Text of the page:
Software monitors facility maintenance needs

Last updated on May 13th, 2019 at 02:43 pm

The City of Milwaukee Department of Public Works operates about 100 municipal buildings. The workers, the equipment, the work order requests and the regularly scheduled maintenance are managed by Joseph Jacobsen, O&M manager for the Department of Public Works and his team in facilities services.

Eight years ago, Jacobsen purchased ProTeus, a computerized maintenance management system (CMMS) that helps the department run in an automated and efficient manner.

ProTeus is a software program developed by Mequon-based Eagle Technology Inc.

“ProTeus is a complete asset management maintenance management piece of software,” said Harry Kohal, director of sales and marketing for Eagle Technology. “There is a lot of flexibility inherent in it and it is designed to keep a building or facility in sustainable peak status.”

Every aspect of a building has maintenance requirements, including inspections, replacements and on demand issues.

“We keep track of the planned and unplanned, who should know, what it costs, when it needs to be completed, what parts are needed and where it gets charged to,” Kohal said.

Users manually enter each piece of equipment, including serial number, model number, location, tools required, filter size, belt size and regularly scheduled maintenance dates.

Once up and running, ProTeus reminds workers of regularly scheduled maintenance and all of the details needed to complete the job. By using ProLink, a Web-based work order creation program, employees of the company can electronically enter work order requests that are sent immediately to the facilities management department.

ProTeus gets work orders and regularly scheduled maintenance fulfilled faster, but also offers the electronic version of all work completed, which has helped Jacobsen cut costs and improve worker quality.

“Eighty percent of the expenditures are salary and wages, so the time it takes to do something is really the bottom line,” Jacobsen said.

Although Jacobsen has been using ProTeus for eight years, it takes time

to enter in every piece of equipment and its history into the system. Jacobsen has been able to measure work order fulfillment trends over the past five years, he said.

He uses the data that he can extract from ProTeus to statistically analyze the facilities management department, which performs more than 120 types of services, target problem areas and teach his staff to become more efficient.

Jacobsen has cut work order fulfillment time from 3.8 days in 2004 to 1.49 days in 2006.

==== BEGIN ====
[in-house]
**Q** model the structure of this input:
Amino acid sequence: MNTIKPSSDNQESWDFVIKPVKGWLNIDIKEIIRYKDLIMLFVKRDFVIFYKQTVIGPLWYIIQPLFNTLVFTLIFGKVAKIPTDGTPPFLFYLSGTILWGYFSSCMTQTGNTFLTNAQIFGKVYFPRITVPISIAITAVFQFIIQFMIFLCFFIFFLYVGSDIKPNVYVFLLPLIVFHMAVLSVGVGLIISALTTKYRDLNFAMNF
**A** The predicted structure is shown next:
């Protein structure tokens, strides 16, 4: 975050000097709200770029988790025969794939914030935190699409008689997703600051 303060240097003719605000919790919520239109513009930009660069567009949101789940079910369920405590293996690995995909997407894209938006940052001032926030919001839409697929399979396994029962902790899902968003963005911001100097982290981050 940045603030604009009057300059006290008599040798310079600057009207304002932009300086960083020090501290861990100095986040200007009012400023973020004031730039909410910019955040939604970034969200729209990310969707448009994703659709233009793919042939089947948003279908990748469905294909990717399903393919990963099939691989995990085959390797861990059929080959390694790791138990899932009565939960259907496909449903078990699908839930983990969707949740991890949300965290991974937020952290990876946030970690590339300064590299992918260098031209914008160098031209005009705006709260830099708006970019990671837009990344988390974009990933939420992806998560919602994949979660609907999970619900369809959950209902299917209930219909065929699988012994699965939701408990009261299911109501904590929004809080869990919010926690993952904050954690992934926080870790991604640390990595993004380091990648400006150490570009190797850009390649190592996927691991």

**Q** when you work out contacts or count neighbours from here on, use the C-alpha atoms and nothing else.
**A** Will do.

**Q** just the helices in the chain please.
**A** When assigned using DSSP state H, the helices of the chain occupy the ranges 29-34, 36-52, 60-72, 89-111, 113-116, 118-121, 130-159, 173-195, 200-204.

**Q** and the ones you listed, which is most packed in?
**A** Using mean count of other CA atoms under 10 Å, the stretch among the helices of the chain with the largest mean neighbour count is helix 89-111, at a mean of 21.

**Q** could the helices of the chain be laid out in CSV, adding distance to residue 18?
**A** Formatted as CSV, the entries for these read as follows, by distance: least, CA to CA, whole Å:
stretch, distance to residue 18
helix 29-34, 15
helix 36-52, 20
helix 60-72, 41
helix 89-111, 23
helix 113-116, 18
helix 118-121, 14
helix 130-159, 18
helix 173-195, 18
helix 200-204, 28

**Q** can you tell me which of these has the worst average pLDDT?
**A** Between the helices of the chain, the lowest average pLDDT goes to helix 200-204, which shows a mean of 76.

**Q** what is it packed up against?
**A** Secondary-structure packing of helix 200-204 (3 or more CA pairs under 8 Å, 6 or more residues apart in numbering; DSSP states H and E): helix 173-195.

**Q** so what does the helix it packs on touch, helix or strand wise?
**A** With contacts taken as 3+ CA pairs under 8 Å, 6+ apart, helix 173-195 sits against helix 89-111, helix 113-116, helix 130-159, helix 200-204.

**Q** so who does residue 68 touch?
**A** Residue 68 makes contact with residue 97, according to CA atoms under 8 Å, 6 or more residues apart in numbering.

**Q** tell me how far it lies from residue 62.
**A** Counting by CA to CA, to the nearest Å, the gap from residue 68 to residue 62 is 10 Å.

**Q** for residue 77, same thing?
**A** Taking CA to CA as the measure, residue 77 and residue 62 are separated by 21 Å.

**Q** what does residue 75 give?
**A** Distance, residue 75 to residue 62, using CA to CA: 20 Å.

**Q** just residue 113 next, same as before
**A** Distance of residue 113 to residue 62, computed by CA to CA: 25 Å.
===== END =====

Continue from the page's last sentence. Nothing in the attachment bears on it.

“By keeping track, minimally, workers know the level of reasonable usage of overtime,” Jacobsen said.

“Our workers are spread out throughout the city. We cannot possibly keep track of them.”

Fulfilling work orders is so important to the bottom line, that Jascobsen has calculated how much each order costs. The department spent $895,495 for 45,187 hours of maintenance in 2006. That breaks down to $19.82 per hour, $77.16 and 3.89 hours per work order, not including employee benefits.

This information is essential to the Department of Public Works because it makes the work more predictable and budgets easier to estimate, Jacobsen said. Getting everything accounted for will also help in 2008 when the City of Milwaukee rolls out the work order process of ProTeus to all of its trades, including carpenters, painters, electricians, technicians and HVAC workers. With this rollout, Jacobsen predicts ProTeus will help guide 100,000 hours of work annually, more than doubling the 2006 numbers.

“If we can reduce the time (filling work orders), we free up time to help identify other opportunities, like saving energy,” Jacobsen said.

In its 20 years of developing what is now called ProTeus, Eagle has gained more than 3,000 users worldwide and ProTeus is translated into 12 different languages, said Harshad Shah, president of Eagle Technology.

“We work with airports, hospitals, schools, government, manufacturing with Eaton and Rockwell,” Shah said. “Our product has been applied in all types of buildings, all types of industries in almost every part of the world.”

Since ProTeus is a software application, there is not a facility that it would not work for, from the smallest to the largest. The product costs between $5,000 and $52,000 depending on the size of the client. But no matter the size of investment, clients see a return on investment within 12 to 18 months, Kohal said.

“Our system is all about making the customers as cost effective as possible in facility management,” Kohal said.

The Green Bay Packers purchased ProTeus as part of the renovation of Lambeau Field in 2001.

Not only does ProTeus help the Green Bay Packers keep track of all of the work orders and regularly scheduled maintenance, but if a person was to be on vacation or leave the company, the staff would not have to rely on a person’s memory to get the work done, said Ann Hein, an administrative assistant for the Green Bay Packers.

The Green Bay Packers have three buildings that use ProTeus in addition to Lambeau Field, Hein said. All of the employees within the buildings have access to ProLink, which sends work order requests directly to Hein and the facilities maintenance staff.

ProTeus integrates with back-end software, for example, accounting and payroll and building control systems like those developed by Glendale-based Johnson Controls, Inc.; Honeywell International Inc. in Morristown, N.J. and Trane, a division of American Standard Companies Inc., Piscataway, N.J.

“We feel it is a great help to us as far as keeping things on track,” Hein said. “Everything is done on schedule and nothing slips through the cracks.”

 

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